IDEAS home Printed from https://ideas.repec.org/a/rje/randje/v31y2000ispringp82-100.html
   My bibliography  Save this article

The Effects of Government-Industry R&D Programs on Private R&D: The Case of the Small Business Innovation Research Program

Author

Listed:
  • Scott J. Wallsten

Abstract

I ask whether government-industry commercial R&D grants increase private R&D. Regressing some measure of innovation on the subsidy can establish a correlation between grants and R&D, but it cannot determine whether grants increase firm R&D or whether firms that do more R&D received more grants. Using a dataset of firms involved in the Small Business Innovation Research (SBIR) program, I estimate a multi-equation model to test these hypotheses. Firms with more employees and that appear to do more research win more SBIR grants, but the grants do not affect employment. Moreover, I find evidence that the grants crowd out firm-financed R&D spending dollar for dollar.

Suggested Citation

  • Scott J. Wallsten, 2000. "The Effects of Government-Industry R&D Programs on Private R&D: The Case of the Small Business Innovation Research Program," RAND Journal of Economics, The RAND Corporation, vol. 31(1), pages 82-100, Spring.
  • Handle: RePEc:rje:randje:v:31:y:2000:i:spring:p:82-100
    as

    Download full text from publisher

    To our knowledge, this item is not available for download. To find whether it is available, there are three options:
    1. Check below whether another version of this item is available online.
    2. Check on the provider's web page whether it is in fact available.
    3. Perform a search for a similarly titled item that would be available.

    References listed on IDEAS

    as
    1. Joseph Farrell & Garth Saloner, 1985. "Standardization, Compatibility, and Innovation," RAND Journal of Economics, The RAND Corporation, pages 70-83.
    2. Michihiro, Kandori & Rob, Rafael, 1998. "Bandwagon Effects and Long Run Technology Choice," Games and Economic Behavior, Elsevier, vol. 22(1), pages 30-60, January.
    3. Joseph Farrell & Garth Saloner, 1985. "Standardization, Compatibility, and Innovation," RAND Journal of Economics, The RAND Corporation, pages 70-83.
    4. Katz, Michael L & Shapiro, Carl, 1986. "Technology Adoption in the Presence of Network Externalities," Journal of Political Economy, University of Chicago Press, vol. 94(4), pages 822-841, August.
    5. Church, Jeffrey & Gandal, Neil, 1992. "Network Effects, Software Provision, and Standardization," Journal of Industrial Economics, Wiley Blackwell, vol. 40(1), pages 85-103, March.
    6. Katz, Michael L & Shapiro, Carl, 1985. "Network Externalities, Competition, and Compatibility," American Economic Review, American Economic Association, vol. 75(3), pages 424-440, June.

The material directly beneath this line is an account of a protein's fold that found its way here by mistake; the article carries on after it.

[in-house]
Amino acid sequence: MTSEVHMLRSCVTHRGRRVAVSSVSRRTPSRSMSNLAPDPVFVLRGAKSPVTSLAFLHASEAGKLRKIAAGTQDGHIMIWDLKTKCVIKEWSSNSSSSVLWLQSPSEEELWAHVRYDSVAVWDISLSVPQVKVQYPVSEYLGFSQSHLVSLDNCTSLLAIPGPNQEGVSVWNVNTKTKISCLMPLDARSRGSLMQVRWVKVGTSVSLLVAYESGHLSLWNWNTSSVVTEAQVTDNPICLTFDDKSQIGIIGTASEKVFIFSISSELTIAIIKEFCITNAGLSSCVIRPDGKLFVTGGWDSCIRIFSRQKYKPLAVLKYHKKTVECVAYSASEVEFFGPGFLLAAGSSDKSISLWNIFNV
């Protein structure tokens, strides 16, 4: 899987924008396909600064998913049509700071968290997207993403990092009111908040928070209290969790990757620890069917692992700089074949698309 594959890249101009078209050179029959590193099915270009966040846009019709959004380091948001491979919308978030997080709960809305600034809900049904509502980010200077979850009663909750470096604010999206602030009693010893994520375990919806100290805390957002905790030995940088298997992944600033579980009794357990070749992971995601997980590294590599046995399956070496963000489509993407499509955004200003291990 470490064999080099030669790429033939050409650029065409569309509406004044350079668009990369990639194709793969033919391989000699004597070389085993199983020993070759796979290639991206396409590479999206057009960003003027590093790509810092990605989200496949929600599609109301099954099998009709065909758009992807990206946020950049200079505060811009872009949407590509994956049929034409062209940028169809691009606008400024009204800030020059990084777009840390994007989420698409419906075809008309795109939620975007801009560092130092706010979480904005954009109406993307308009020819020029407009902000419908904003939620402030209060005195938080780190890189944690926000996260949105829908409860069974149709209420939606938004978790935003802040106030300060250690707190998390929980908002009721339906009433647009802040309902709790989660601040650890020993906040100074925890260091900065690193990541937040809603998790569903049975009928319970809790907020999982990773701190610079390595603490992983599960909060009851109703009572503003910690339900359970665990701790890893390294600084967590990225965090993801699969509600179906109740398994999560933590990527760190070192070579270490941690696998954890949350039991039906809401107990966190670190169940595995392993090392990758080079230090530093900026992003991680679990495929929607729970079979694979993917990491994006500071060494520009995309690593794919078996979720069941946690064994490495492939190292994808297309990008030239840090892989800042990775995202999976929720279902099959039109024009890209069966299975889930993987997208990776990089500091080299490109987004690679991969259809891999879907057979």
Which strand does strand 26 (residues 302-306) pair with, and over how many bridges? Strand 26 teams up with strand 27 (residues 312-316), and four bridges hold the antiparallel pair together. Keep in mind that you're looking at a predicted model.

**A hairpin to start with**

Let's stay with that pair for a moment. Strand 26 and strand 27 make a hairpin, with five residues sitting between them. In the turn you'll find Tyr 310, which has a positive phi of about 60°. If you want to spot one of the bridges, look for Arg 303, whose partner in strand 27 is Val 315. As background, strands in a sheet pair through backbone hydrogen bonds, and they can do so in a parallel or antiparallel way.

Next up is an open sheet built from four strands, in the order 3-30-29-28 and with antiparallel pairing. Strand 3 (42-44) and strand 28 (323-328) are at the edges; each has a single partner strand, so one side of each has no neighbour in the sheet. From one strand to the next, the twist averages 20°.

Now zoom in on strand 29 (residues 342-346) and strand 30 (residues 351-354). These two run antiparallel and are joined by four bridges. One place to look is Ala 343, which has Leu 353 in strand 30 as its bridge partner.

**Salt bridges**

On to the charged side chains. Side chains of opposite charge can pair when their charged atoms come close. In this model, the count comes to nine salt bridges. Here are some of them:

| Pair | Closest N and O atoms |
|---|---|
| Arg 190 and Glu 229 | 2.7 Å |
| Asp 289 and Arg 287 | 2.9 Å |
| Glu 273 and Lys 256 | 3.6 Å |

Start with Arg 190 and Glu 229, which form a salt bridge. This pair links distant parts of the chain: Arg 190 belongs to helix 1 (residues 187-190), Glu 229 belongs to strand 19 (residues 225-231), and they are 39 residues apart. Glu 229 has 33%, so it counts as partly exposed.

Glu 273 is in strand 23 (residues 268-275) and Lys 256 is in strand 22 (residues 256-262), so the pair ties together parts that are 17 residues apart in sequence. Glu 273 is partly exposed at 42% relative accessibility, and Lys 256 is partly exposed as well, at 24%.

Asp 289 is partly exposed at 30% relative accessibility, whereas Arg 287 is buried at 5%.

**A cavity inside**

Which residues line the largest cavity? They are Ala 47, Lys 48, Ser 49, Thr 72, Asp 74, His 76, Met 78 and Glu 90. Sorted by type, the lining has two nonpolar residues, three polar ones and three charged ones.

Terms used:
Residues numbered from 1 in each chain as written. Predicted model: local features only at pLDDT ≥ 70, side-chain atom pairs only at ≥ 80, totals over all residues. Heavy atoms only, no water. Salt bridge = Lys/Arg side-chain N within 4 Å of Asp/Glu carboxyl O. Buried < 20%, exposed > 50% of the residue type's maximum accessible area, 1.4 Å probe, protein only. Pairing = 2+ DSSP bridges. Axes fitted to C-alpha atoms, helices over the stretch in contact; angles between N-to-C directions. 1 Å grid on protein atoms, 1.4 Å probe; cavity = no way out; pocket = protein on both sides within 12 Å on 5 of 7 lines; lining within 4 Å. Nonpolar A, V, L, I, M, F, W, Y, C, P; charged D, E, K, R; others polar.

7. Katz, Michael L & Shapiro, Carl, 1992. "Product Introduction with Network Externalities," Journal of Industrial Economics, Wiley Blackwell, vol. 40(1), pages 55-83, March.
    Full references (including those not matched with items on IDEAS)

    More about this item

    Statistics

    Access and download statistics

    Corrections

    All material on this site has been provided by the respective publishers and authors. You can help correct errors and omissions. When requesting a correction, please mention this item's handle: RePEc:rje:randje:v:31:y:2000:i:spring:p:82-100. See general information about how to correct material in RePEc.

    For technical questions regarding this item, or to correct its authors, title, abstract, bibliographic or download information, contact: (). General contact details of provider: http://www.rje.org .

    If you have authored this item and are not yet registered with RePEc, we encourage you to do it here. This allows to link your profile to this item. It also allows you to accept potential citations to this item that we are uncertain about.

    We have no references for this item. You can help adding them by using this form .

    If you know of missing items citing this one, you can help us creating those links by adding the relevant references in the same way as above, for each refering item. If you are a registered author of this item, you may also want to check the "citations" tab in your RePEc Author Service profile, as there may be some citations waiting for confirmation.

    Please note that corrections may take a couple of weeks to filter through the various RePEc services.

    IDEAS is a RePEc service hosted by the Research Division of the Federal Reserve Bank of St. Louis . RePEc uses bibliographic data supplied by the respective publishers.